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Message Posted: Wed, 23 Feb 2005 @ 18:31:11 GMT
You seem to be asking the universal question regarding the selection of a PI. It has, I think, been generally accepted that the degree of data skewedness is only one factor to consider when distributing the data for a table.
Basically, you really need to look at how you access the data as well as how it is distributed. Sounds confusing but consider this: if you spend +90% of you time doing WHERE PI_column = 'value' than that is a great candidate for a PI. These accesses will be incredibly fast, especially when the value is unique. When it is non-unique, you also want to look at the distribution to determine if it is more than a candidate, then you consider distribution and uniqueness )or lack of it.
Otherwise, if you spend the vast majority doing joins, then it is a good idea to consider distribution on the join column(s) as the PI for distribution. Otherwise, every time you do a join in a query, the data you seek will need to be re-distributed in order to do the join. The re- distribution is in SPOOL, the distribution is of course in PERM space. If Teradata is not forced to re-distribute your data so often, joins run faster because the re-distribution is eliminated and you are not as likely to exhaust your SPOOL reserves just attempting to join millions of rows together because the re-distribution is eliminated.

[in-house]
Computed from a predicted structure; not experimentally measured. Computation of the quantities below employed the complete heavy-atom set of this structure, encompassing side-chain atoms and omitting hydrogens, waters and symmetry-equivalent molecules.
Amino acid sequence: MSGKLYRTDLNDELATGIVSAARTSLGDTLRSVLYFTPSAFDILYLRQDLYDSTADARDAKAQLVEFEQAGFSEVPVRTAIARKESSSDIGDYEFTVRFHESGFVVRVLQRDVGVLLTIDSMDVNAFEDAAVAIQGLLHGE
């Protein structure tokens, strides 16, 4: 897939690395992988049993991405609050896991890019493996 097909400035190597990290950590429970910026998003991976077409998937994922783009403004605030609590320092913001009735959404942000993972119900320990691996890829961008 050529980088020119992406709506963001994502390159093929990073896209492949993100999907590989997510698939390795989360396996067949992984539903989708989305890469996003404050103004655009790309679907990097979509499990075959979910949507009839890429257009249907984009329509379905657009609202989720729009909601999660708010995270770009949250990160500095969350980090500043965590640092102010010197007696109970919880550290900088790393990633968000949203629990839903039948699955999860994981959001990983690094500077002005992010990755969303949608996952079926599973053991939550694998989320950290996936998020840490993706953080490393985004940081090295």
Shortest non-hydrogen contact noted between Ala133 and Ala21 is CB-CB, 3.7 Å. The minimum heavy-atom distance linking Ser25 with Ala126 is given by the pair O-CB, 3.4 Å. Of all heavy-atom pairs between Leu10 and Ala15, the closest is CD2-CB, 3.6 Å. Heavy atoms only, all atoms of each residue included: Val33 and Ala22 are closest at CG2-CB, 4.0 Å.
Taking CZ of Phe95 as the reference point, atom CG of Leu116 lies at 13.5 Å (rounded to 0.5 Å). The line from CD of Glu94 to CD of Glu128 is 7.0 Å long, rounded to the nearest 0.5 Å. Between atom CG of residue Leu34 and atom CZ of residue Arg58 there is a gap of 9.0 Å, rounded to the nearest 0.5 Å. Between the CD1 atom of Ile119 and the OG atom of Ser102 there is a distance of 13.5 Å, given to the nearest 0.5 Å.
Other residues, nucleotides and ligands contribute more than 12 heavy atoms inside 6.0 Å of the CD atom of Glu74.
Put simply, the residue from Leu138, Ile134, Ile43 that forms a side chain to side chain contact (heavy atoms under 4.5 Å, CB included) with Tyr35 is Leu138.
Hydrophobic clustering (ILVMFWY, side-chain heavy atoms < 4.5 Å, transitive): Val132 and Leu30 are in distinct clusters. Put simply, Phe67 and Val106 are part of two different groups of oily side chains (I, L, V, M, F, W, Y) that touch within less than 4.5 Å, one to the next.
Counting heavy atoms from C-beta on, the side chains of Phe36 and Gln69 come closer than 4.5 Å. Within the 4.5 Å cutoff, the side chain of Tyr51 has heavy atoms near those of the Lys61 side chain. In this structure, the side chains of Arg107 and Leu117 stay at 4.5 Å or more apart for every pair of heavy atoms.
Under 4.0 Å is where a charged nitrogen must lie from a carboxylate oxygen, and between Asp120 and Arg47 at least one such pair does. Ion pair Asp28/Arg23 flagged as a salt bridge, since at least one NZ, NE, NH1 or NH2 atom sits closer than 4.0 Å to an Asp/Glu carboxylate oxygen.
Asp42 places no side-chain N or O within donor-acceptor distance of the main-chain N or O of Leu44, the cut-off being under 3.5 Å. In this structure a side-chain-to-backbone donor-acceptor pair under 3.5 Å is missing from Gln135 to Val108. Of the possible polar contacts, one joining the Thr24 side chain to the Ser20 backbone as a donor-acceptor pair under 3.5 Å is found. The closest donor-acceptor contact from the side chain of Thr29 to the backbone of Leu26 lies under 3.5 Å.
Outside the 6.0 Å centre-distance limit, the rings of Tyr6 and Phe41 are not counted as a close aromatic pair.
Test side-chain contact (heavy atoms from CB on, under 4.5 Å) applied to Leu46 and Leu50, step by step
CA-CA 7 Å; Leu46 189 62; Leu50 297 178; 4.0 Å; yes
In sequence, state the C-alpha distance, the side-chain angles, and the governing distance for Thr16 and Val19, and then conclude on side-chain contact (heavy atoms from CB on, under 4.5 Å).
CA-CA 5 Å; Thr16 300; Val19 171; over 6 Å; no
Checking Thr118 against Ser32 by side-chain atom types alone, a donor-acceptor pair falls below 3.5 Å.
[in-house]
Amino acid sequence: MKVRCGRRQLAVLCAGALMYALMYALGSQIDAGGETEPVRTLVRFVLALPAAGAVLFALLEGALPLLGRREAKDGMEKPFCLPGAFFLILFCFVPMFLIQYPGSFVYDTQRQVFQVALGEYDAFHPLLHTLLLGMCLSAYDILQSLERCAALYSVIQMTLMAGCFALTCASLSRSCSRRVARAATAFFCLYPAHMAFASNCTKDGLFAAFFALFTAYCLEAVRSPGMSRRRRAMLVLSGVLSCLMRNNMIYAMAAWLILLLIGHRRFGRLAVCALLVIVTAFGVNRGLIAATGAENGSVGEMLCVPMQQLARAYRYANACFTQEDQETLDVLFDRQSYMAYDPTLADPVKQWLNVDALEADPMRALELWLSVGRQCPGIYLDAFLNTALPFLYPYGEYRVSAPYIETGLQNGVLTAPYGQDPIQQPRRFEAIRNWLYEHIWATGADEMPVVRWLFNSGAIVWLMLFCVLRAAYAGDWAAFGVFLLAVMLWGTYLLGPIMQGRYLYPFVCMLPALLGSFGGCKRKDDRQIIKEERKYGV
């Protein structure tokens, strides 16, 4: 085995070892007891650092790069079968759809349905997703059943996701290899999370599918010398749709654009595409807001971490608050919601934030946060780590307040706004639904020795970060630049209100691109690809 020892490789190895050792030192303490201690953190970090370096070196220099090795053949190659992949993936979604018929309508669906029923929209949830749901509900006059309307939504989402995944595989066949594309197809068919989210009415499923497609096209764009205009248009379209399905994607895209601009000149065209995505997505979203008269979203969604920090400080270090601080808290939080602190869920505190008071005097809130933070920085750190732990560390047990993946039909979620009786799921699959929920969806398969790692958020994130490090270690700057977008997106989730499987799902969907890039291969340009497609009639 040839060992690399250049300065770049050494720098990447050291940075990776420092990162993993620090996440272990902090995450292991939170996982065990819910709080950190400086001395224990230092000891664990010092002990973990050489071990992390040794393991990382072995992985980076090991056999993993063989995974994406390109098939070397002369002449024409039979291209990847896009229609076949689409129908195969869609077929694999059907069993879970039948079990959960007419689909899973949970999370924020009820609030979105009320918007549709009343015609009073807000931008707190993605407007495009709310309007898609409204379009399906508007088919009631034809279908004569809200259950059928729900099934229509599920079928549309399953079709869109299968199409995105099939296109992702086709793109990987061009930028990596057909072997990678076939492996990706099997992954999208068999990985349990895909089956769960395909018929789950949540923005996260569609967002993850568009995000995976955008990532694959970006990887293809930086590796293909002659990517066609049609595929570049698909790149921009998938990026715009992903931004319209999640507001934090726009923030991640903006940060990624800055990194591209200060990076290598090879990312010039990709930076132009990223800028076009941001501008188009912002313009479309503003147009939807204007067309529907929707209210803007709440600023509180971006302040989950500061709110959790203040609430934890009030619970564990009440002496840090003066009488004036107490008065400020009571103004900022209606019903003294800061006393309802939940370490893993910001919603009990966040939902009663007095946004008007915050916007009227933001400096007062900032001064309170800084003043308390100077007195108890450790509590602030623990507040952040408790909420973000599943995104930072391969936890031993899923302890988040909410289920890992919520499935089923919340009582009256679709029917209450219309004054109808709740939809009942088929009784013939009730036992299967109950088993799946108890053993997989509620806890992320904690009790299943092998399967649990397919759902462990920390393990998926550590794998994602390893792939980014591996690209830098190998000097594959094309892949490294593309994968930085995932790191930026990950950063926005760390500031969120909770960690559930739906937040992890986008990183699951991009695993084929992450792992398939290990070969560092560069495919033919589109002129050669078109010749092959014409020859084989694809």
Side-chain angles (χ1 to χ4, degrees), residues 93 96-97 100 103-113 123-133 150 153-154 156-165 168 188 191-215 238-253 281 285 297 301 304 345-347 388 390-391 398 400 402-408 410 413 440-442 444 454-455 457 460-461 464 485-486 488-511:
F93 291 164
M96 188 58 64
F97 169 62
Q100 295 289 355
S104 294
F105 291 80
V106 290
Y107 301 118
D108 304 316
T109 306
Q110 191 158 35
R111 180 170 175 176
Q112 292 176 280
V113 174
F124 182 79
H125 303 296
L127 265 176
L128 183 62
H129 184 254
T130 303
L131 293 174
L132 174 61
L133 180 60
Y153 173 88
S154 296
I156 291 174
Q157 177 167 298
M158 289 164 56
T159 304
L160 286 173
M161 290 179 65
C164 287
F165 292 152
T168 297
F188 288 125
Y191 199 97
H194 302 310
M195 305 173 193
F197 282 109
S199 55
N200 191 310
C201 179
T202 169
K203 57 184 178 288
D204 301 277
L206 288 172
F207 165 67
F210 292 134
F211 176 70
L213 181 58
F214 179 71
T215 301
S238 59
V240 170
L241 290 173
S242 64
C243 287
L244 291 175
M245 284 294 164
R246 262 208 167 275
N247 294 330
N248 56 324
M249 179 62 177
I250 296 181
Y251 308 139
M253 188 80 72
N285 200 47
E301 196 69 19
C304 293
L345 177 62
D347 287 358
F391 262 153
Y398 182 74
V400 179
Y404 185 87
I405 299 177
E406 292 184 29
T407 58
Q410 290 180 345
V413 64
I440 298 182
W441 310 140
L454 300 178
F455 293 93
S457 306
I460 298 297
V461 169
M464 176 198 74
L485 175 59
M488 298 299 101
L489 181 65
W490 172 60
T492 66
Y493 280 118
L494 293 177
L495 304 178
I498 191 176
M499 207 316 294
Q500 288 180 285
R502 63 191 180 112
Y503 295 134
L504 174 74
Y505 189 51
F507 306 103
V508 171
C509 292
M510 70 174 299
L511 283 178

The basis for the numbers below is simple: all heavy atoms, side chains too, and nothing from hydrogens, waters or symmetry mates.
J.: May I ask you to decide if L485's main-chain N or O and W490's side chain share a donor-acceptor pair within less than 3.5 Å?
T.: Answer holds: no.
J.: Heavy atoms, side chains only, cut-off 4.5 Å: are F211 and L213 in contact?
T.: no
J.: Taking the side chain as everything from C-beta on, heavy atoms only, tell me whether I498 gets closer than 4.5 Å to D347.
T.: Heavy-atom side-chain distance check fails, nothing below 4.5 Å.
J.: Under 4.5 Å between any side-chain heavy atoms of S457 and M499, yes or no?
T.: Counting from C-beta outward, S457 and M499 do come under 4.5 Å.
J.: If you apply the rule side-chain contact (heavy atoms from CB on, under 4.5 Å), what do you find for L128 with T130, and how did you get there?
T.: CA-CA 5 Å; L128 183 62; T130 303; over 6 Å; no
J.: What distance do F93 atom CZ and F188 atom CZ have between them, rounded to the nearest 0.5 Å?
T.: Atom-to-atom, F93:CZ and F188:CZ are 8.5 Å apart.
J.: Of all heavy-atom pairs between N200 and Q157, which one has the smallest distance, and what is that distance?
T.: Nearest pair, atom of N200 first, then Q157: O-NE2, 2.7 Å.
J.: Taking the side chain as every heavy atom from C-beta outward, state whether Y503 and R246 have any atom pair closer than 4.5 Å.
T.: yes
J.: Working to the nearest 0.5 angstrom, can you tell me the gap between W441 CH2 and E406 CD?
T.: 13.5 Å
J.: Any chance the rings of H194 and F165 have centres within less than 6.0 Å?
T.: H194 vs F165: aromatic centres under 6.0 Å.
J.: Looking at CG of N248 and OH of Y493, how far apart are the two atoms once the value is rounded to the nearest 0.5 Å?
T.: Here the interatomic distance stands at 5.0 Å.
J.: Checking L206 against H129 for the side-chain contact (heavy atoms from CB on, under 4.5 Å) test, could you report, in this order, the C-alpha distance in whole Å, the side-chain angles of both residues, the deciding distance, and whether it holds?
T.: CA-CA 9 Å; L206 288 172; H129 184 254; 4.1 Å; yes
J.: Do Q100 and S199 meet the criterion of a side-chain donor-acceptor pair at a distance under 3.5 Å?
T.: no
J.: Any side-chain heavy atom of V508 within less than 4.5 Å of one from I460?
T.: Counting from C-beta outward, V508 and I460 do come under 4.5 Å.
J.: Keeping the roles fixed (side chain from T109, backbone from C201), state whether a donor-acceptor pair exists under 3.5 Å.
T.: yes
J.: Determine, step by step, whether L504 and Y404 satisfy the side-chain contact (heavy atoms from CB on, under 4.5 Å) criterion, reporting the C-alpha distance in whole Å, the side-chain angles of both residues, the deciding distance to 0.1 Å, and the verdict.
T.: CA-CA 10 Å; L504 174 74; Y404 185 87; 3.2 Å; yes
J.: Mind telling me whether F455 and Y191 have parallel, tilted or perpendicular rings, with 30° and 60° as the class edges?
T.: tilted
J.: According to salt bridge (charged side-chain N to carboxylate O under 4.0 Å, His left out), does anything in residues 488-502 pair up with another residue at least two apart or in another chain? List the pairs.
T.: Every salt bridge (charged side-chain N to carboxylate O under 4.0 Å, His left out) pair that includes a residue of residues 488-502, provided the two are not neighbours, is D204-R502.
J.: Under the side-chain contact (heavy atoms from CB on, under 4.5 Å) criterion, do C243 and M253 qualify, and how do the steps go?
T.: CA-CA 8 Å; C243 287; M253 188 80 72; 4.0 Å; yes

This is a very short encapsulation of what is normally taught in a 3-day Physical Design type of course. You start with your logical model and extend it with data demographics, like uniqueness or the lack there of and access usage, value vs join. Than from the extended logical model you look at primary and secondary index candidates. Once the final decision is made on the PI, the remaining selection(s) are secondary. For instance, if you have a Primary Key in your logical model and it does not become the Primary Index, the uniqueness aspect of the PK is maintained as a USI.
This is by no means intended to be the end all answer to your question. However, I hope this gives you some additional "food for thought."
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